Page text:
Harold Meyerson of The Washington Post: Labor Day is almost upon us, and like some of my fellow graybeards, I can, if I concentrate, actually remembe
September 3, 2006

Harold Meyerson of The Washington Post:

Labor Day is almost upon us, and like some of my fellow graybeards, I can, if I concentrate, actually remember what it was that this holiday once celebrated. Something about America being the land of broadly shared prosperity. Something about America being the first nation in human history that had a middle-class majority, where parents had every reason to think their children would fare even better than they had.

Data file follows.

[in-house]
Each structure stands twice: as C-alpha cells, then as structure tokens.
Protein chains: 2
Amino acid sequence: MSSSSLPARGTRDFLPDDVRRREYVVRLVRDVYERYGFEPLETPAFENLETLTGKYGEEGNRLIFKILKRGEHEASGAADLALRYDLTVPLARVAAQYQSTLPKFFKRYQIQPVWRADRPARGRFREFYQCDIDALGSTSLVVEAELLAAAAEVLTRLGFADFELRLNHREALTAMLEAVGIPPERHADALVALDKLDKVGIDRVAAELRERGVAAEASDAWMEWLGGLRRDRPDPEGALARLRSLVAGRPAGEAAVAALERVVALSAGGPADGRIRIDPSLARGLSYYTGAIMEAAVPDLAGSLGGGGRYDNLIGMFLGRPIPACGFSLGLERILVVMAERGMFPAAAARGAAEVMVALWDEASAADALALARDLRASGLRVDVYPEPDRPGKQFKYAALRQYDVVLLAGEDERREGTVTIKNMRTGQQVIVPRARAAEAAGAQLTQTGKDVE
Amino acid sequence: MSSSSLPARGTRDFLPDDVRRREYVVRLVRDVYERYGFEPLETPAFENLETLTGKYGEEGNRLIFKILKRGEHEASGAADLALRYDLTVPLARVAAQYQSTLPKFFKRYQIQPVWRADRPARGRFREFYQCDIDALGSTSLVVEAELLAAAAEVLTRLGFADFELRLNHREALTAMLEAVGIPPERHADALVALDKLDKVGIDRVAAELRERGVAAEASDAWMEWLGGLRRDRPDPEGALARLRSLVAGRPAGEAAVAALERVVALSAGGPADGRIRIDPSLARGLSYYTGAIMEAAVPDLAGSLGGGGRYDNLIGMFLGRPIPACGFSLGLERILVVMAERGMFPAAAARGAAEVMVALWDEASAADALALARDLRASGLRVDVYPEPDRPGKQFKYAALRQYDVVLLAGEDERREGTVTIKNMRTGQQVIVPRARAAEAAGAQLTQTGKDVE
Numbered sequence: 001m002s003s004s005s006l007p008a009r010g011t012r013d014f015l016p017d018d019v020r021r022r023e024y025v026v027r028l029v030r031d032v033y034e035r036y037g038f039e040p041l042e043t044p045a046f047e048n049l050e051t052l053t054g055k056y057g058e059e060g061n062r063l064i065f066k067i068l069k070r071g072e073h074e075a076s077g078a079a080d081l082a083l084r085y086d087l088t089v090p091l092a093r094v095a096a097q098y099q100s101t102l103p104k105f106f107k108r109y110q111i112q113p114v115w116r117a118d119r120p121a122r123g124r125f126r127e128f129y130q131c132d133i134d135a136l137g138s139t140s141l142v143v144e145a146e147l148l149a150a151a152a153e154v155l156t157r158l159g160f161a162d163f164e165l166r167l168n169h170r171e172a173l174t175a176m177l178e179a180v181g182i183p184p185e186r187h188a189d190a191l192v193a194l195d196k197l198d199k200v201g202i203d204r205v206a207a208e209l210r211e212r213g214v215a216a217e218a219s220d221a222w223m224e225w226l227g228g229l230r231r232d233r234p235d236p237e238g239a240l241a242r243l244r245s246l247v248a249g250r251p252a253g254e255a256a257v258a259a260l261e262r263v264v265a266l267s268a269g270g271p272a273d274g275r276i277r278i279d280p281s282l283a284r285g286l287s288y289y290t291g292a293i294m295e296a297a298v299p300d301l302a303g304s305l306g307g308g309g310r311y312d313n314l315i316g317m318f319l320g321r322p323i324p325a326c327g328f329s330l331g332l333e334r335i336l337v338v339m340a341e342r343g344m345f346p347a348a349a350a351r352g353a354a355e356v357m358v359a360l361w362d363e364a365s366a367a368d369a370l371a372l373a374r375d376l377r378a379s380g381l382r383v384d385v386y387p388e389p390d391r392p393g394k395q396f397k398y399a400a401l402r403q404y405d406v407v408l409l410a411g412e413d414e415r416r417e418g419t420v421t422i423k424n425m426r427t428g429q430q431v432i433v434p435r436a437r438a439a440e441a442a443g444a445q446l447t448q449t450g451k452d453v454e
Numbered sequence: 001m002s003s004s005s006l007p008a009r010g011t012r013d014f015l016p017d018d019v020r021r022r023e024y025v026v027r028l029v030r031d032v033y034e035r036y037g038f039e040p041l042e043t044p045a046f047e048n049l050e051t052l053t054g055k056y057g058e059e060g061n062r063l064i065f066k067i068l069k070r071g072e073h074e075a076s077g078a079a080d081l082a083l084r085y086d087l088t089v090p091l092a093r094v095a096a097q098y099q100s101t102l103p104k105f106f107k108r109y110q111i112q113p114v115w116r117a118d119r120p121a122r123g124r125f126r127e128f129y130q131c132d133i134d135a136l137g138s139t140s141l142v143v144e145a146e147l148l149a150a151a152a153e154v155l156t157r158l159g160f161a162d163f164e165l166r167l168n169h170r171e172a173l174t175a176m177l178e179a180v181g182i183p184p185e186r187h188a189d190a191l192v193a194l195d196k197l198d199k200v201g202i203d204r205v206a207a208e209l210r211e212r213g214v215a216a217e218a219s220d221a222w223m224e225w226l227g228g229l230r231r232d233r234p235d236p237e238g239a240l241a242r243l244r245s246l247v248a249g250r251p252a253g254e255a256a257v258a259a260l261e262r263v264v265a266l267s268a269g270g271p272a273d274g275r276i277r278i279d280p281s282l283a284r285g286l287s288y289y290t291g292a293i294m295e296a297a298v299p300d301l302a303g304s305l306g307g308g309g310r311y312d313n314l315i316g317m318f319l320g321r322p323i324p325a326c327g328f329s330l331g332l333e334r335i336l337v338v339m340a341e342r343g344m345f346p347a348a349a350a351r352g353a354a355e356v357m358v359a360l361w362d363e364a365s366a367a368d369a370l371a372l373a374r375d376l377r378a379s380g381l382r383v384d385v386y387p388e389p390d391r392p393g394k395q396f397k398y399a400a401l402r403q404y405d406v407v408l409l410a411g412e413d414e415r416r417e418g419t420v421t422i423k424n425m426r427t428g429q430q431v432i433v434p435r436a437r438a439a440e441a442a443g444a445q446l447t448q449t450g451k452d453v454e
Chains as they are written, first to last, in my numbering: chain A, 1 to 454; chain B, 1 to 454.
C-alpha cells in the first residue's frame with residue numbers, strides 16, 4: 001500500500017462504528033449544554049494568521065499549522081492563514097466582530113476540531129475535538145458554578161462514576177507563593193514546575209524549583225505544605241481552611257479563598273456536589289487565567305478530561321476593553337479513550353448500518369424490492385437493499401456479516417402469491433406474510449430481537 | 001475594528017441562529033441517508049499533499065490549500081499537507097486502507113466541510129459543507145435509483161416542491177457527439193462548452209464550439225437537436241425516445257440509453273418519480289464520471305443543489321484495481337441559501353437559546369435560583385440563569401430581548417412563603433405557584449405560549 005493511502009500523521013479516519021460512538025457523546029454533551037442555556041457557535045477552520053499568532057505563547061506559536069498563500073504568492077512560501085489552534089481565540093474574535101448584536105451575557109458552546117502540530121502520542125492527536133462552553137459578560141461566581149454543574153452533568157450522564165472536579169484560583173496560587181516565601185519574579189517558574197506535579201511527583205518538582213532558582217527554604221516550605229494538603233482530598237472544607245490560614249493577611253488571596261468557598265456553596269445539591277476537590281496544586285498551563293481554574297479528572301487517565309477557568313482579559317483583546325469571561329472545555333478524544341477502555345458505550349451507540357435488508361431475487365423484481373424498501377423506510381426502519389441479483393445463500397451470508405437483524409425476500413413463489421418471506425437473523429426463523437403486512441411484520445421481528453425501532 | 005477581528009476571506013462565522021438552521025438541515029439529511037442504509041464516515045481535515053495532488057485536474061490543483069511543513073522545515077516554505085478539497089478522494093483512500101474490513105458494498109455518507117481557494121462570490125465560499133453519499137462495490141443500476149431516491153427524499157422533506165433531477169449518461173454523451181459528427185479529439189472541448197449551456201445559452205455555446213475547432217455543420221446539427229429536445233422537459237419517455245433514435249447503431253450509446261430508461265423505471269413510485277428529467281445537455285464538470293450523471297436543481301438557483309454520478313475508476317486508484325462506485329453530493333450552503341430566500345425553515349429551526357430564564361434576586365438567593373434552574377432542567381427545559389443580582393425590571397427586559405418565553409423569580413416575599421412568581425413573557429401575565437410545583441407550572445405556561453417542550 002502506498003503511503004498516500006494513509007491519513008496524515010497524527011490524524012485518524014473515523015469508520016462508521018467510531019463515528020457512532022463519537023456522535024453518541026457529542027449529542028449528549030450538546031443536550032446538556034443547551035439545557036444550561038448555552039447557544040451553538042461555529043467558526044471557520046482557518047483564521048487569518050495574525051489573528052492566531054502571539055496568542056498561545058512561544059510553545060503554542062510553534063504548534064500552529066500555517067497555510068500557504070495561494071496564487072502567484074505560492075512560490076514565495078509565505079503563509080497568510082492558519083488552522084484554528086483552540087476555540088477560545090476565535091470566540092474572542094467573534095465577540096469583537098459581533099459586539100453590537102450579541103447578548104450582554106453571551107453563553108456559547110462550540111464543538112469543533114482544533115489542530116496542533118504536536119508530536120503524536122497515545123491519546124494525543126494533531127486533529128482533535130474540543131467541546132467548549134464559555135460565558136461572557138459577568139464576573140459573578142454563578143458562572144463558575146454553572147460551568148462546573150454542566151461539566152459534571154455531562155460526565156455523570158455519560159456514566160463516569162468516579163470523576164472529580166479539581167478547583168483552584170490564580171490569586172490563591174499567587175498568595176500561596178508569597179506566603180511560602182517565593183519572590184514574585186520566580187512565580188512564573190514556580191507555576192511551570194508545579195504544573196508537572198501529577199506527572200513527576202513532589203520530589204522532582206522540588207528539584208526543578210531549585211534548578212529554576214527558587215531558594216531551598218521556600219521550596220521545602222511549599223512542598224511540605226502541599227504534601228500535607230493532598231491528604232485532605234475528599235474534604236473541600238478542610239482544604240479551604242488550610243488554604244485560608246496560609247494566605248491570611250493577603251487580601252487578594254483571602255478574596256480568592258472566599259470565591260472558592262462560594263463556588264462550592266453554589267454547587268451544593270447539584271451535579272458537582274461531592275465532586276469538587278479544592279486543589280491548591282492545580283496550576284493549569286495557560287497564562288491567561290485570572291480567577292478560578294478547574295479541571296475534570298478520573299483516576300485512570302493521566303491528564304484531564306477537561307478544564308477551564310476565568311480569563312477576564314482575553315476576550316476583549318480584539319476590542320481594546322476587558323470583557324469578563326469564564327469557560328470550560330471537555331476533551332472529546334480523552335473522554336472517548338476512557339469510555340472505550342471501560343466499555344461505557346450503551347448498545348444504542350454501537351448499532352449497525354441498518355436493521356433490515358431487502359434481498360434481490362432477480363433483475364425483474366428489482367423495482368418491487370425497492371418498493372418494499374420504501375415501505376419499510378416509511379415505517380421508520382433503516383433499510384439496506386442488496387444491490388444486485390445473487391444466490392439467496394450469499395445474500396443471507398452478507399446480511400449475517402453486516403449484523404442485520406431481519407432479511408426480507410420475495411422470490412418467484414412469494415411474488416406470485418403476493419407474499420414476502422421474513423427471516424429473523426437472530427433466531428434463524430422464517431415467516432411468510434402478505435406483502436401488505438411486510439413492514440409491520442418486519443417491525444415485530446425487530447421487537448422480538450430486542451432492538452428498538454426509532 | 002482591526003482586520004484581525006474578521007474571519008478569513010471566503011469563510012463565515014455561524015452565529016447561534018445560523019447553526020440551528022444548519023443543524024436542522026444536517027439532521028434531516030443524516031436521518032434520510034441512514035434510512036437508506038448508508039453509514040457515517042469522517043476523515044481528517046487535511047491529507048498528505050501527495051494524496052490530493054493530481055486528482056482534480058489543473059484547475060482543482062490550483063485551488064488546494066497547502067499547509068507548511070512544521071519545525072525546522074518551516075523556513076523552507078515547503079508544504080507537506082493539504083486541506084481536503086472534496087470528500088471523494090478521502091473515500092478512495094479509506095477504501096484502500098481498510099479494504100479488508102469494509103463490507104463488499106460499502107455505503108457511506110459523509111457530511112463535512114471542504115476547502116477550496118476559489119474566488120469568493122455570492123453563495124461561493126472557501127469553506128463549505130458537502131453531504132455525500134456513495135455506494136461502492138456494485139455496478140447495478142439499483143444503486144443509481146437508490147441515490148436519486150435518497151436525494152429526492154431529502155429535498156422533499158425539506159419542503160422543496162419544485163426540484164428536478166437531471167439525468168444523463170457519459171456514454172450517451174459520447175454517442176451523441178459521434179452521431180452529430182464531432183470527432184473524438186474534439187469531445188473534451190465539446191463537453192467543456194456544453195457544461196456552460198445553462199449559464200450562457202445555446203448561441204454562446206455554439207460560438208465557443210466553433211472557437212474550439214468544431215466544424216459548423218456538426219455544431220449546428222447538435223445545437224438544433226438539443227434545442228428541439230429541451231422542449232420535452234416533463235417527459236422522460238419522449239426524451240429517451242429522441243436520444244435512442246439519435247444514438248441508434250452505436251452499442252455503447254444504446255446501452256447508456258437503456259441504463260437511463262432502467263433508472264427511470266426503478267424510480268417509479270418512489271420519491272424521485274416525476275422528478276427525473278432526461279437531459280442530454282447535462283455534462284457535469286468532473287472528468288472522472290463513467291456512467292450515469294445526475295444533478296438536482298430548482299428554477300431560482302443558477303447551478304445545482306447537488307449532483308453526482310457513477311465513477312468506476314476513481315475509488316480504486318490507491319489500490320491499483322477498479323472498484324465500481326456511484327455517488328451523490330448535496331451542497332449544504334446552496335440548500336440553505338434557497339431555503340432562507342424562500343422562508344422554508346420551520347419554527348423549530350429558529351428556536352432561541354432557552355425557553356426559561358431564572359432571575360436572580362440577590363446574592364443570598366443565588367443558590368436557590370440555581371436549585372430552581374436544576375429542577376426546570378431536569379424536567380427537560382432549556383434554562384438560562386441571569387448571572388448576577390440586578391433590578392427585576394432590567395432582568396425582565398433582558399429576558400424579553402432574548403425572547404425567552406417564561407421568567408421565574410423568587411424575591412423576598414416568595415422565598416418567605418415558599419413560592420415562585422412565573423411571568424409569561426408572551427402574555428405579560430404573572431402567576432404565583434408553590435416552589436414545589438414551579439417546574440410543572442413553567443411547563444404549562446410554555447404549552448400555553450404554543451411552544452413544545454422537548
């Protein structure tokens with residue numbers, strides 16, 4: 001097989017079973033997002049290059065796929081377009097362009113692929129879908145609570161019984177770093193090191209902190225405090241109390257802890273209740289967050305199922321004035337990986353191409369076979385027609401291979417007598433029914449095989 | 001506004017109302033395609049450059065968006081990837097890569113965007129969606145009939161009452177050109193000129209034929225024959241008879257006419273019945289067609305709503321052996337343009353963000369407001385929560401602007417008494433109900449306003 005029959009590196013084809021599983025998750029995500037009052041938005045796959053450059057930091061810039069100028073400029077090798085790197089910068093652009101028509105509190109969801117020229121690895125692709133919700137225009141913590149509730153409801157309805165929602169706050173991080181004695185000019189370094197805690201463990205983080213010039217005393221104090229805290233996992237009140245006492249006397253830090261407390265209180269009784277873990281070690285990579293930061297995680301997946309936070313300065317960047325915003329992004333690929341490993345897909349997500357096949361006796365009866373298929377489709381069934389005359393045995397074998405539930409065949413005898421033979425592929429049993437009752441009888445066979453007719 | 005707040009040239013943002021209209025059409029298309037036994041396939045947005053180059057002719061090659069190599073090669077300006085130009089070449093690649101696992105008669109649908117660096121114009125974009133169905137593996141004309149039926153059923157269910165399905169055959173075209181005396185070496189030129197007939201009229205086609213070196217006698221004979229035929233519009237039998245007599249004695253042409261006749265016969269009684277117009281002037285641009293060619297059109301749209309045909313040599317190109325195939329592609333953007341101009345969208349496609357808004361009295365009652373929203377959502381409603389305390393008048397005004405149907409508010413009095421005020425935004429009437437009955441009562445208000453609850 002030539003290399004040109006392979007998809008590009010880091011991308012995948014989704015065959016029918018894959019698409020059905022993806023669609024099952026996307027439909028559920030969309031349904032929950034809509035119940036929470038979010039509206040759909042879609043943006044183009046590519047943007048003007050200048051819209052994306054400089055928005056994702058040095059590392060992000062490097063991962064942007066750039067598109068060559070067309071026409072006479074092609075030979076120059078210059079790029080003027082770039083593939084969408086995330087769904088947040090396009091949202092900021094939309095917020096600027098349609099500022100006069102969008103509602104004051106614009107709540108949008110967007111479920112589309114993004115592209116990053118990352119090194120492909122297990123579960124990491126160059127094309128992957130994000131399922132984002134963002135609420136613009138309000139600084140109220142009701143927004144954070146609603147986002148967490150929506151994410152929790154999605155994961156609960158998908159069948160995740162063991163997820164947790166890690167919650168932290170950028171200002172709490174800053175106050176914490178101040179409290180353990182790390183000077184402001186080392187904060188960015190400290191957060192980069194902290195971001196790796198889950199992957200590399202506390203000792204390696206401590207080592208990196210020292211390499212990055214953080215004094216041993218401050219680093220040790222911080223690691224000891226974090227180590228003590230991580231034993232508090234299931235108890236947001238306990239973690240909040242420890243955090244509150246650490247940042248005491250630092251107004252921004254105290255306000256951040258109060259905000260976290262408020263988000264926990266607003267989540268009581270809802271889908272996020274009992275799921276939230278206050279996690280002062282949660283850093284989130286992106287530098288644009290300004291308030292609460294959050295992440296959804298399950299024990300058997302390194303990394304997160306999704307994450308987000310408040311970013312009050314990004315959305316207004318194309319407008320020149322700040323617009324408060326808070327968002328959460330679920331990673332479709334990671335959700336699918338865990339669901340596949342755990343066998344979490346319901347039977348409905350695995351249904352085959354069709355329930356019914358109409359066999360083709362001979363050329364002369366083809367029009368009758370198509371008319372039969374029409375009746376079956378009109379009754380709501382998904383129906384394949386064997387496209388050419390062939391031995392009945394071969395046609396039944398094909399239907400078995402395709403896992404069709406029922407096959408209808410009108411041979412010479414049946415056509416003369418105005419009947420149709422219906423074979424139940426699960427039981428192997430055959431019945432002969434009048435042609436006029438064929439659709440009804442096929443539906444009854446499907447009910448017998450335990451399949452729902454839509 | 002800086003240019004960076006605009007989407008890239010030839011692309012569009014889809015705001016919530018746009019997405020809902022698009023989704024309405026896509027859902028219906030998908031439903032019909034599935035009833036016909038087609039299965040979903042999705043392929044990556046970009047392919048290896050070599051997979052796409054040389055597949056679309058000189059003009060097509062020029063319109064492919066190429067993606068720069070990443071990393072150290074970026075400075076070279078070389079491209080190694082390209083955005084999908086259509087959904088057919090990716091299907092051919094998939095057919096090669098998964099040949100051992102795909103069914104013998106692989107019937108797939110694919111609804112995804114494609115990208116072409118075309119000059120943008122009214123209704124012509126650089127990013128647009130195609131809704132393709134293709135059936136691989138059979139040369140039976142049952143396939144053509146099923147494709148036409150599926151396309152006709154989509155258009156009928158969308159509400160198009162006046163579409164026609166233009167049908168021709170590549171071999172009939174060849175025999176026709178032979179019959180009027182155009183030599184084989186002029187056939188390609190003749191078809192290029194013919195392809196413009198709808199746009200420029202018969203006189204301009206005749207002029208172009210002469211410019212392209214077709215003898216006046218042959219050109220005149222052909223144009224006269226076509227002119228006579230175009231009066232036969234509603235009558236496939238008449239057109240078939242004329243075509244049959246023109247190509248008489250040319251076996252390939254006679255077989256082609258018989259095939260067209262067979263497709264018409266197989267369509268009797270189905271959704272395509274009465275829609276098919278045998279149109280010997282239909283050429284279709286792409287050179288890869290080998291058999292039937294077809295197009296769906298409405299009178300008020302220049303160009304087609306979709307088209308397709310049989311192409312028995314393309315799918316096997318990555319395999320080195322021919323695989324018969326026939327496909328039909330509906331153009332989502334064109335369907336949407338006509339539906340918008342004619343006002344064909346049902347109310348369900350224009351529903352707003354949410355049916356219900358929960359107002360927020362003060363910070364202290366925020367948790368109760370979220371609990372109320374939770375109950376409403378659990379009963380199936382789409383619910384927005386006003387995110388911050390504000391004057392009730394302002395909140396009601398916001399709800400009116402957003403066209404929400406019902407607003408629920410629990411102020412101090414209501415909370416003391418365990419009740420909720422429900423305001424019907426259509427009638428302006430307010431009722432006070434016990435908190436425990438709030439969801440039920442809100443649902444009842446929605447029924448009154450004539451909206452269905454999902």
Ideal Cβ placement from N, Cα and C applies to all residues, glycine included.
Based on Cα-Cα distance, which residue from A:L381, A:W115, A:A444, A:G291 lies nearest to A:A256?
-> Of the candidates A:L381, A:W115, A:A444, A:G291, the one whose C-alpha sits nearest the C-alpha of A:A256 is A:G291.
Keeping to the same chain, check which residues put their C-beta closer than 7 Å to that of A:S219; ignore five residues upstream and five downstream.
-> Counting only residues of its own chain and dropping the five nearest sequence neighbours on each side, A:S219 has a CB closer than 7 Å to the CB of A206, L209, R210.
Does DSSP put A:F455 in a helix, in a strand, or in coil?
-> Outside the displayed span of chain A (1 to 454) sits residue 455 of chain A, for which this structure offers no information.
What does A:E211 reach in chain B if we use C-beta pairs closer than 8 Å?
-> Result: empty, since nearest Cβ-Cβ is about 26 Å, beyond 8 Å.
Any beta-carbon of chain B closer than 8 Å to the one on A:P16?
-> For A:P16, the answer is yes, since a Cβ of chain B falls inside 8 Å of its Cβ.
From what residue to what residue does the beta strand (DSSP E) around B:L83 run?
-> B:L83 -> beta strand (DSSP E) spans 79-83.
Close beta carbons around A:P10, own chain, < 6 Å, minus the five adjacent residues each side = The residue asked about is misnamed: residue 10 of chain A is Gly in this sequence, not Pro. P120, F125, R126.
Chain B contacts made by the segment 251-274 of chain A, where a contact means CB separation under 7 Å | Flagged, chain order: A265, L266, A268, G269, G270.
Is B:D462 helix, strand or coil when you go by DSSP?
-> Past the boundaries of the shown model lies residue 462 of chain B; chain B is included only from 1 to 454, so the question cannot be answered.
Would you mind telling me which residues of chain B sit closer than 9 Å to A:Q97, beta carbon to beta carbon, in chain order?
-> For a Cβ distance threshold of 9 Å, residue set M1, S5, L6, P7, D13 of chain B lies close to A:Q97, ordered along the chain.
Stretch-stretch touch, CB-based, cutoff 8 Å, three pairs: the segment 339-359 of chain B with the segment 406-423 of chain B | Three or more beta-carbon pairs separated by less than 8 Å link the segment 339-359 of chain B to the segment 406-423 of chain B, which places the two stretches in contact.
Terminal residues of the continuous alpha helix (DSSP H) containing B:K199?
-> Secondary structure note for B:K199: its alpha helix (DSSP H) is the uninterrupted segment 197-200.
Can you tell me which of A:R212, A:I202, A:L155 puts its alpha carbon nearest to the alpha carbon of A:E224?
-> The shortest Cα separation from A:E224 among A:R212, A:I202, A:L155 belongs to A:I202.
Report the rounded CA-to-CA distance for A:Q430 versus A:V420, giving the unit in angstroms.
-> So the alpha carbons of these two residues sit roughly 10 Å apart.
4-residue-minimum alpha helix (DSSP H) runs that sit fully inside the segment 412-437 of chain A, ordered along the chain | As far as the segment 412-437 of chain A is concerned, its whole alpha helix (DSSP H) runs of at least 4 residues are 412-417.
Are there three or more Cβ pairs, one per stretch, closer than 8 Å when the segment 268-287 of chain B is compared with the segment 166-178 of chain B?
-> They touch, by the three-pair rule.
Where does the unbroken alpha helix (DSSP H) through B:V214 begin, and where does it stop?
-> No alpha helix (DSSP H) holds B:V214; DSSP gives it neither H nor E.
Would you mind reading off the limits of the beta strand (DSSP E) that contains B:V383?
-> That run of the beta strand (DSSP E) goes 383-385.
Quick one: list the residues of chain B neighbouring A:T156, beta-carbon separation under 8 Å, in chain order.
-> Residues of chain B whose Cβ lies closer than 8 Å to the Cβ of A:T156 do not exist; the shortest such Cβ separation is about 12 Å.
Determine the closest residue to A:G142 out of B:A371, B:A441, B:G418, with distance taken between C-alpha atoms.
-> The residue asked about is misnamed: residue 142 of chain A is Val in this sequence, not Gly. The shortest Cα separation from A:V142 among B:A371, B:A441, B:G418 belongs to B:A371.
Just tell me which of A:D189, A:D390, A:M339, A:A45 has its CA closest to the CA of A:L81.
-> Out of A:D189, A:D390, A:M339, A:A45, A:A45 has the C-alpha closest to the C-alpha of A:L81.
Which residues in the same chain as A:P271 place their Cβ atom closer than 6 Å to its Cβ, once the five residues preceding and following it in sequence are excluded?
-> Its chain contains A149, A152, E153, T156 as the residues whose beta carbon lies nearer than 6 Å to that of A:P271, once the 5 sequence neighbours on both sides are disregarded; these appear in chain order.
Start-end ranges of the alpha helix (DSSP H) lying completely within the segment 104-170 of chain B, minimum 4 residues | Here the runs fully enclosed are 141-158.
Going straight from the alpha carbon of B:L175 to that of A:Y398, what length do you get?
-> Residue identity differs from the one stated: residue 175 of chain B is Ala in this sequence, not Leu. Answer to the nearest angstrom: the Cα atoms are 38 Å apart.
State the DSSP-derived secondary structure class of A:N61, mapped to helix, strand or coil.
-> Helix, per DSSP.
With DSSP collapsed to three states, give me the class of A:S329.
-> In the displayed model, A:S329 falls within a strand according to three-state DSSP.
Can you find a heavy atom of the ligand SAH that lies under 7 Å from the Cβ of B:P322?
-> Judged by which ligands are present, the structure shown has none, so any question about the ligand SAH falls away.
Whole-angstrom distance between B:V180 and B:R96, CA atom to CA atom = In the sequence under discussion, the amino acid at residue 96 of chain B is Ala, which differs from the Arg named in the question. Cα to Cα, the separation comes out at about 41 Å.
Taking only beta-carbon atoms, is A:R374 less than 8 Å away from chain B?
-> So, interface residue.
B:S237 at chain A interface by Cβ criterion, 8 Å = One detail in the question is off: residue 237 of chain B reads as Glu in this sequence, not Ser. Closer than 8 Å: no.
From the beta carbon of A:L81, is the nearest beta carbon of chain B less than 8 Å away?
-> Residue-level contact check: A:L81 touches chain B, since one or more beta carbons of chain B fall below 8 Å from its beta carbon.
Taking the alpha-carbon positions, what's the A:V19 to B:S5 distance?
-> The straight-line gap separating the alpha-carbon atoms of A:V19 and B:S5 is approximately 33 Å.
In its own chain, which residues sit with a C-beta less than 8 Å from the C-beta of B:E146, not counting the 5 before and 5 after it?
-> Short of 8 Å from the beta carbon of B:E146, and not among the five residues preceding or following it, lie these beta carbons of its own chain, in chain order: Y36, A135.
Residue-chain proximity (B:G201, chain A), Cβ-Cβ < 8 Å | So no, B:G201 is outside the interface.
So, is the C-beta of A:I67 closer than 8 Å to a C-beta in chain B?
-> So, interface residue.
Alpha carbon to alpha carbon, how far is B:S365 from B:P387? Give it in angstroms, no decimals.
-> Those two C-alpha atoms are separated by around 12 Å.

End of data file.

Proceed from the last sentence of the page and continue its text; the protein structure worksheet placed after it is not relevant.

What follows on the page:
The young may be understandably incredulous, but the Great Compression, as economists call it, was the single most important social fact in our country in the decades after World War II. From 1947 through 1973, American productivity rose by a whopping 104 percent, and median family income rose by the very same 104 percent. More Americans bought homes and new cars and sent their kids to college than ever before. In ways more difficult to quantify, the mass prosperity fostered a generosity of spirit: The civil rights revolution and the Marshall Plan both emanated from an America in which most people were imbued with a sense of economic security.

That America is as dead as the dodo. Read on...

Some other thoughts on the contributions of labor here and here and here.

Happy Labor Day to all.

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